The most maddening thing about the hike is that, at night when you can't see very far, you see what looks like one final rock corner that you have to just get over before the land flattens out about a dozen times.  Approaching and pulling over each only to find yet another again and again is pretty frustrating sometimes, but on the way down, you can see the actual end of the hike pretty much from the beginning.

The summit scenery is hard to beat.  A hanging glacier, the most impressive of all the mountain glaciers I've seen in Africa, leans off of one side of the summit, with the big, blocky remnants of others littering the caldera.  The sunrise and the ice turn the whole area into a mix of pink and light aquamarine.  The sun rises behind Mawenzi peak, a jagged and technical subsidiary peak several kilometers off of Kibo (considered to have sufficient separation from Kibo to be Africa's Third Seven Summit peak, rather than Ruwenzori), the main summit of the mountain (with Uhuru Peak being its highest point and Kilimanjaro's summit). Honestly, after we reached the sign congratulating us on our summit, we took a couple of pictures and started trudging back to a lower altitude to feel better.  Every time I had to stop and rest, someone would encourage me by slapping me on the shoulder and saying "Good job!"  It seemed to be what everyone who was feeling alright did for everyone who wasn't so much to encourage them to finish and to start getting down to an elevation where they would feel better.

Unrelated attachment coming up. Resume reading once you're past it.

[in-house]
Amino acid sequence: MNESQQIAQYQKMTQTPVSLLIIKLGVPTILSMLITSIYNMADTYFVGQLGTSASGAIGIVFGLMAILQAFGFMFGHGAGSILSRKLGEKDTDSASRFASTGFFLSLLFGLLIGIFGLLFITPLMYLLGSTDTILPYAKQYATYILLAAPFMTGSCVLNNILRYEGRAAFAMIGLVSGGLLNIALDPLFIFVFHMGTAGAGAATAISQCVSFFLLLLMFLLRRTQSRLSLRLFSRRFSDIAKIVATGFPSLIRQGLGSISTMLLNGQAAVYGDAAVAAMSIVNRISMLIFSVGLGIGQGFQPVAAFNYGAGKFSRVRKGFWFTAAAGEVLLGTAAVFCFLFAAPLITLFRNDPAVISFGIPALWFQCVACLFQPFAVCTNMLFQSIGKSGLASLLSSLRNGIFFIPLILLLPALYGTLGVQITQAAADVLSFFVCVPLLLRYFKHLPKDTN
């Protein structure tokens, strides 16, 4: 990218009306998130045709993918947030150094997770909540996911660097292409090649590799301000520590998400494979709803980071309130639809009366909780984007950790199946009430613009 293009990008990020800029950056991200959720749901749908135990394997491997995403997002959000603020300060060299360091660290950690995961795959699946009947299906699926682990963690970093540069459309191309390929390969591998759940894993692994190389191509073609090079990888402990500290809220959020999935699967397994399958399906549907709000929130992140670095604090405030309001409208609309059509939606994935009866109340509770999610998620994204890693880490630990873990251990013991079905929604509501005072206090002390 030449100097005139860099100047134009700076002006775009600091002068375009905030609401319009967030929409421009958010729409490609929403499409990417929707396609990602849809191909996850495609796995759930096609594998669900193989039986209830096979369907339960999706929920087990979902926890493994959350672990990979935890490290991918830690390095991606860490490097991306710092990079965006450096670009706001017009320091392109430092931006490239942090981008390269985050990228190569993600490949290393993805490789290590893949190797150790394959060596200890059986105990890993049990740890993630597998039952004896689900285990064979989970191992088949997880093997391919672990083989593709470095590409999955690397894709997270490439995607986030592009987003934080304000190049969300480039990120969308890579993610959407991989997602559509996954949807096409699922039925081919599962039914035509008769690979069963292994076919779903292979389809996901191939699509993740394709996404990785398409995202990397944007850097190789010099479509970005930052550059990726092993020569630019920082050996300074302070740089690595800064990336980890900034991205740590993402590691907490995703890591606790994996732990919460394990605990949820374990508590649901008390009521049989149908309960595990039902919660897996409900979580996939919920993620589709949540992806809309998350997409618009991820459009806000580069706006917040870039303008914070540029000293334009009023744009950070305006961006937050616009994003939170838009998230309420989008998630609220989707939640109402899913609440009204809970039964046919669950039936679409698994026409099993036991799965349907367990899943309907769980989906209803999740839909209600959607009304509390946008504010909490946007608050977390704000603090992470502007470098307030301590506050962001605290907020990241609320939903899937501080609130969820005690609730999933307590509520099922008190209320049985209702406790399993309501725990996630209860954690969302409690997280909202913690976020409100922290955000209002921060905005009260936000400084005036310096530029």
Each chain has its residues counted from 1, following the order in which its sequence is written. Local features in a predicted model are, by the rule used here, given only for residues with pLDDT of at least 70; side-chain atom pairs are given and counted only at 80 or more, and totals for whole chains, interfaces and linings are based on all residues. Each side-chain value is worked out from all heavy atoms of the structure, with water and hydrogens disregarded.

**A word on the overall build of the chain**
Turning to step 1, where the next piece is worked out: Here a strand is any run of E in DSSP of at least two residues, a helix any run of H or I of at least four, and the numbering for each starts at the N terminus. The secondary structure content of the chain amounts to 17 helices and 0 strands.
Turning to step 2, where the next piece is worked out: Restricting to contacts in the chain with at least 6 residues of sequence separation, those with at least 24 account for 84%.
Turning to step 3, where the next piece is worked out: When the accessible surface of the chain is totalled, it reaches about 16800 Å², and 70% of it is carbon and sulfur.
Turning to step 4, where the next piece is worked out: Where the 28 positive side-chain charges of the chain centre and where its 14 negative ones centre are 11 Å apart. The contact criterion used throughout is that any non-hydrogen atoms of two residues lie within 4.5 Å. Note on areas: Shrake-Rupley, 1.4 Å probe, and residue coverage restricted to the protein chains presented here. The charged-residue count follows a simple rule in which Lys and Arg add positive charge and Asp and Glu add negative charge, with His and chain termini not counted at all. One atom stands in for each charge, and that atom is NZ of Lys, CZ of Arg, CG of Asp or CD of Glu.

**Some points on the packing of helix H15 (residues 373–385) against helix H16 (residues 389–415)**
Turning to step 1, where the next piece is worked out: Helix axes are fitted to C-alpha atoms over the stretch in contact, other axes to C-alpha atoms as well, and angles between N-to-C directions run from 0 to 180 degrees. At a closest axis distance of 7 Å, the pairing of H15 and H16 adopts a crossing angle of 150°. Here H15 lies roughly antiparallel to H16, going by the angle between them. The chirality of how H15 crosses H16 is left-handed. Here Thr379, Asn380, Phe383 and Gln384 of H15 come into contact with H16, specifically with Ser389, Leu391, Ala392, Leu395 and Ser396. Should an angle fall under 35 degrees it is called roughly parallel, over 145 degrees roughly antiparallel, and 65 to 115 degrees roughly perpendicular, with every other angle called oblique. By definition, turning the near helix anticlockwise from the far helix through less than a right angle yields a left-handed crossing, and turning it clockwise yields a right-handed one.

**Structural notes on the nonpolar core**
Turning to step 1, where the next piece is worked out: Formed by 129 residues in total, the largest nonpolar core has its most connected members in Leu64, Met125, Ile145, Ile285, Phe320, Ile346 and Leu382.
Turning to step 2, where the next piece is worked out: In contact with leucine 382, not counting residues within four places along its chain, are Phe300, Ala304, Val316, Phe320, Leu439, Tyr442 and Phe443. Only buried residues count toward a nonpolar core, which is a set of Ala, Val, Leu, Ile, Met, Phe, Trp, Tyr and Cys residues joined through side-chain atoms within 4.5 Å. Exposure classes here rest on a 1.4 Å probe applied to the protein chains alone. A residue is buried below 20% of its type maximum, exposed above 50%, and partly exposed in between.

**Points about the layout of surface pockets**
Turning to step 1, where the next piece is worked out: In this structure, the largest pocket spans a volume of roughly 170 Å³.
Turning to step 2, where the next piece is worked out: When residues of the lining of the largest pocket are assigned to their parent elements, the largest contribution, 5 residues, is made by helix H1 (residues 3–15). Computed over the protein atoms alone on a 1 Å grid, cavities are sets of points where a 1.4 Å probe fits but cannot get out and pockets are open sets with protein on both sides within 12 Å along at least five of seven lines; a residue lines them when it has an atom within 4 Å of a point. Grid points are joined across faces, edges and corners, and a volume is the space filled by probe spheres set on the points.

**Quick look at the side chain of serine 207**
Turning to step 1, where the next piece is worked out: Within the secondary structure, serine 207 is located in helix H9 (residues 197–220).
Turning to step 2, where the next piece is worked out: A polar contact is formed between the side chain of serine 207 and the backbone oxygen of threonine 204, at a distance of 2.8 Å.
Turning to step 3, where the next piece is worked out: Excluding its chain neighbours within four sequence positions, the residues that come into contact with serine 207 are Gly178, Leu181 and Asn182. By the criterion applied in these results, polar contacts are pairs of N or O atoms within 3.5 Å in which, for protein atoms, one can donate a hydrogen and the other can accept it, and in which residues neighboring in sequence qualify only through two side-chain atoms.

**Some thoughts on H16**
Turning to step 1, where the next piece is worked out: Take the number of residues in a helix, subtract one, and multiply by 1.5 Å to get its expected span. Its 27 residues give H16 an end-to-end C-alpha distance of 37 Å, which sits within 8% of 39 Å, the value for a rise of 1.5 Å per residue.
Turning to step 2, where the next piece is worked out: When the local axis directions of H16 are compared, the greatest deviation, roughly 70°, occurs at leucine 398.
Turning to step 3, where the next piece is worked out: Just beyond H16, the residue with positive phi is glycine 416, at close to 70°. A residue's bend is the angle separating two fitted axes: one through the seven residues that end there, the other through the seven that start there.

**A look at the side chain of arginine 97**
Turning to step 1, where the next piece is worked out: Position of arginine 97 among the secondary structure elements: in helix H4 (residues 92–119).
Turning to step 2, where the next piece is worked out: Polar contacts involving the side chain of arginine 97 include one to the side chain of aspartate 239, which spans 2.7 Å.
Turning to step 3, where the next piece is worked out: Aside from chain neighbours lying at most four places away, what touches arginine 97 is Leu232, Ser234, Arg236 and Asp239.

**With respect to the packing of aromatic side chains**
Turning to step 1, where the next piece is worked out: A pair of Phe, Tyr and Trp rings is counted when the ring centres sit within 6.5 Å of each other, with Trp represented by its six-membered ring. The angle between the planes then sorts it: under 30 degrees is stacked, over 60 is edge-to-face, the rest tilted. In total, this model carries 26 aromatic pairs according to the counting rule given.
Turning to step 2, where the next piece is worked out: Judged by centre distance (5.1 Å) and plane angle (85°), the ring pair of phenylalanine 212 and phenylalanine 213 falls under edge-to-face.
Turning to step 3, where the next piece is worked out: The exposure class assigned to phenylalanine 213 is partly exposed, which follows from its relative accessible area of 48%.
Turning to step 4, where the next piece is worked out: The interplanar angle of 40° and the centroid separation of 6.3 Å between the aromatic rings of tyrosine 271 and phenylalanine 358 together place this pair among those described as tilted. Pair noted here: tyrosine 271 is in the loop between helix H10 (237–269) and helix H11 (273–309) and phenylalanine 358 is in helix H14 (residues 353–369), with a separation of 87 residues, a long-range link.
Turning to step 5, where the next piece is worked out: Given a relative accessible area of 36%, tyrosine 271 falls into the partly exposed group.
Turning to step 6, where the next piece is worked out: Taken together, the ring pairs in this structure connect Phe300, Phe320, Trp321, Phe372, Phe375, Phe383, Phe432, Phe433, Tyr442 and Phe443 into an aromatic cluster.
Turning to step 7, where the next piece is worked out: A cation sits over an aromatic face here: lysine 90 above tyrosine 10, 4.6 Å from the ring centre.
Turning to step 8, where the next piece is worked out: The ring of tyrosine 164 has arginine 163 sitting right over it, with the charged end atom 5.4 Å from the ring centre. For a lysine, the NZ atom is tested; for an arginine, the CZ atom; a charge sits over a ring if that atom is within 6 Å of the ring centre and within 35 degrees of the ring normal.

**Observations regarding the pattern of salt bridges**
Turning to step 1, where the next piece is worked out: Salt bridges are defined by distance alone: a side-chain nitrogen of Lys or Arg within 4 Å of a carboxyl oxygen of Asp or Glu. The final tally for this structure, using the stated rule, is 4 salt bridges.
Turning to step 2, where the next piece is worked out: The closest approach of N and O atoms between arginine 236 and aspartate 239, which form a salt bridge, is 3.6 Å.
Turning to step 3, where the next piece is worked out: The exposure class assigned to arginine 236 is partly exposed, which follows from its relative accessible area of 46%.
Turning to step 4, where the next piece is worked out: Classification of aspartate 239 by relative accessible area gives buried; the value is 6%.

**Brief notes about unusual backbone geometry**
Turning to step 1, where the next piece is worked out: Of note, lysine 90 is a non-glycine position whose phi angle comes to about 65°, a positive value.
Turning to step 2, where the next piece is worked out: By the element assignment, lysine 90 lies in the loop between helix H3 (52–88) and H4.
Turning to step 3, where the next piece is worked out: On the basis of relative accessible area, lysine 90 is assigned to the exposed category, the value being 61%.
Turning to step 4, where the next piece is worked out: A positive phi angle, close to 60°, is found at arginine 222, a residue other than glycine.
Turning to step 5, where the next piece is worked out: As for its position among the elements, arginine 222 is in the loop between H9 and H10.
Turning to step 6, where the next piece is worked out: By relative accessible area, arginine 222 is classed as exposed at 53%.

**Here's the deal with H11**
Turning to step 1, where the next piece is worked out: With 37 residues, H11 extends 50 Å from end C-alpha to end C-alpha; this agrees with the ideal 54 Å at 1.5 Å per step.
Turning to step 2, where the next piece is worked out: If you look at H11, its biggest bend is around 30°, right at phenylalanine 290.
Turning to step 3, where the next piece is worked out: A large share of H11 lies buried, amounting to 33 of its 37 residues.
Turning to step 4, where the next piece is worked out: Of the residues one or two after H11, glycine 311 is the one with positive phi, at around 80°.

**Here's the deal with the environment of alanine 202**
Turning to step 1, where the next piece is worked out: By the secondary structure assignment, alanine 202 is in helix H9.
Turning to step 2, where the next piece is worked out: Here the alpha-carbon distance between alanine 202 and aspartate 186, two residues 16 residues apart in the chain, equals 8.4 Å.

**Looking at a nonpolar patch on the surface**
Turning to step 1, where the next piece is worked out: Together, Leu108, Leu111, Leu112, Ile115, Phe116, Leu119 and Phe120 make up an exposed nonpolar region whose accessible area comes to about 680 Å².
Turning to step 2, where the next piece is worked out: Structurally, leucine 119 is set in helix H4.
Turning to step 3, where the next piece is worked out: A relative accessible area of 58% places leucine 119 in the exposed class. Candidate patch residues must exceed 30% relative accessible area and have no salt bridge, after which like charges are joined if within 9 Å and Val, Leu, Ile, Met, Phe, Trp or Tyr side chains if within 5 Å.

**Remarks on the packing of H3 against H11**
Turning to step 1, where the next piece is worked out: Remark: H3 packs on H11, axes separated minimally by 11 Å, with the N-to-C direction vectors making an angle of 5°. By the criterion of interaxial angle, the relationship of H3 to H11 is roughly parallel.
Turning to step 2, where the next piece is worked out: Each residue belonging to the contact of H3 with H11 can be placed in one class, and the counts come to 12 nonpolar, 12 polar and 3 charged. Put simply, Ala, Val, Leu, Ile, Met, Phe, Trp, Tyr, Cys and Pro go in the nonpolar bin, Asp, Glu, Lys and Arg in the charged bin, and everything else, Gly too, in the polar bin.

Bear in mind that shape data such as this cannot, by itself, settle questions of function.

The descent doesn't take nearly as long as the ascent, since you're going downhill in daylight.  We were amazingly tired by the time we returned to camp during the last part of the morning.  We ate lunch and slept for an hour.  It was amazingly revitalizing, which was good, because we needed to hike another four hours down the mountain to a low camp so we could exit on time to make the bus back to Nairobi in the morning.  It was at least a gentle, downhill hike all the way, so it wasn't too difficult, even though we were still kind of tired from summitting.  We slept like babies and got up at 5 the next morning to make the bus.  We did.  We got home.  We showered.  We slept.